Hawaii faces “catastrophic flooding” from storms through Tuesday, National Weather Service warns

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Almost a foot of rain has already fallen in Kula on Maui in the past 24 hours, according to the National Weather Service (NWS) in Honolulu.

Total rainfall amounts of 10 to 15 inches are forecast, with isolated areas of 20 to 25 inches possible, the NWS said.

On the Big Island, 8 inches of rain fell over the past 24 hours in several places. The rains start to diminish on Monday morning.

However, heavy rains were still expected to fall on Maui, Oahu and Kauai throughout the day on Monday. A flash flood warning has been issued for the islands of Molokai and Maui.

“Localized rainfall rates of 2-3 inches per hour will exacerbate ongoing flooding from previous rainfall. Parts of downwind Maui have received more than 6 inches of rain in the past 6 hours and runoff remains high.” , said NWS Honolulu.

Landslides are expected and in some cases highways may be closed due to flooding and landslides, which could cut communities off.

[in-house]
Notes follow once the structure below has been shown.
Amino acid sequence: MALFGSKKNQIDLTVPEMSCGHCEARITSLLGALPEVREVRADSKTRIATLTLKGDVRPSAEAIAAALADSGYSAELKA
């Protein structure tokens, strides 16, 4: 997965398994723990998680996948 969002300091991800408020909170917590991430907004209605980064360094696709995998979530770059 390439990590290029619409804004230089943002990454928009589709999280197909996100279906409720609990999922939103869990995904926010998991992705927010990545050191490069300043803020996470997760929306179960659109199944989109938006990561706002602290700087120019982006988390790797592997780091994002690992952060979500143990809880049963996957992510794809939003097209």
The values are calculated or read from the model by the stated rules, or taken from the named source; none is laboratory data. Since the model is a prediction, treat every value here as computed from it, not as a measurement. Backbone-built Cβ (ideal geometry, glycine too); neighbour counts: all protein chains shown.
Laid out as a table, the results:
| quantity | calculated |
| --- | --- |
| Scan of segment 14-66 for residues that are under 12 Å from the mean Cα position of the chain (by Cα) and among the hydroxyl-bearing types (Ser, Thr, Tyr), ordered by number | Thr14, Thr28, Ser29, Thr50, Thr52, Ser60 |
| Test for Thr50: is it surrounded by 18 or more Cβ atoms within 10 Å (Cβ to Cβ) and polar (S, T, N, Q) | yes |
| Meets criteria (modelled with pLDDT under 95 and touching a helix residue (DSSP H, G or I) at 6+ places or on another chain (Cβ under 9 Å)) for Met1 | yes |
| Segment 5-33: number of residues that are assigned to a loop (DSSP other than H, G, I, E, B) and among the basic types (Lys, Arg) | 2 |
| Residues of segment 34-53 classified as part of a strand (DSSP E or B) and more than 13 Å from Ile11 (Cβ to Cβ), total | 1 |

Hawaii Governor David Ige declared a state of emergency Monday due to heavy rains which, according to him, “should continue to cause flooding to public and private properties”.

The statement allows the use of funds “to support state and county efforts to quickly and effectively relieve the suffering, damage and loss caused by flooding and other effects of heavy rains,” said Ige on Twitter.

Flood monitoring remains in effect until Tuesday afternoon local time for all of the Hawaiian Islands. A “Kona low” is responsible for bringing deep tropical moisture to the state, resulting in large bands of heavy rain.

“Rains of this size can cause catastrophic flooding and affect areas that are usually not flooded. Low points of roads will become dangerous and impassable due to heavy runoff. Debris in streams and ravines can clog bridges and culverts, leading to dangerous flooding, ”according to the NWS.

“Many landslides are expected in areas with steep terrain. Urban areas, particularly in Oahu, could experience severe flooding,” the NWS warned. “Isolated highways, such as the Belt Highway in the Kau District on the Big Island and the Piilani Highway on Maui, can be closed at one or more locations, resulting in long detours or even isolation of communities.”

Public schools in Hawaii’s Maui County were closed Monday due to the risk of flooding.

“Parts of Maui County are already experiencing flash floods and power outages, causing dangerous conditions,” Hawaii Public Schools said sunday night.
Blizzard warnings remained in effect this weekend for the mountain peaks of the Big Island, where high winds and wintry conditions temporarily closed access to the summit of Mauna Loa last week.

“A winter weather advisory was issued this morning for the peaks of Mauna Kea and Mauna Loa on the Big Island above 12,000 feet above sea level and will remain in effect until 6 p.m. HST,” the report said. NWS.



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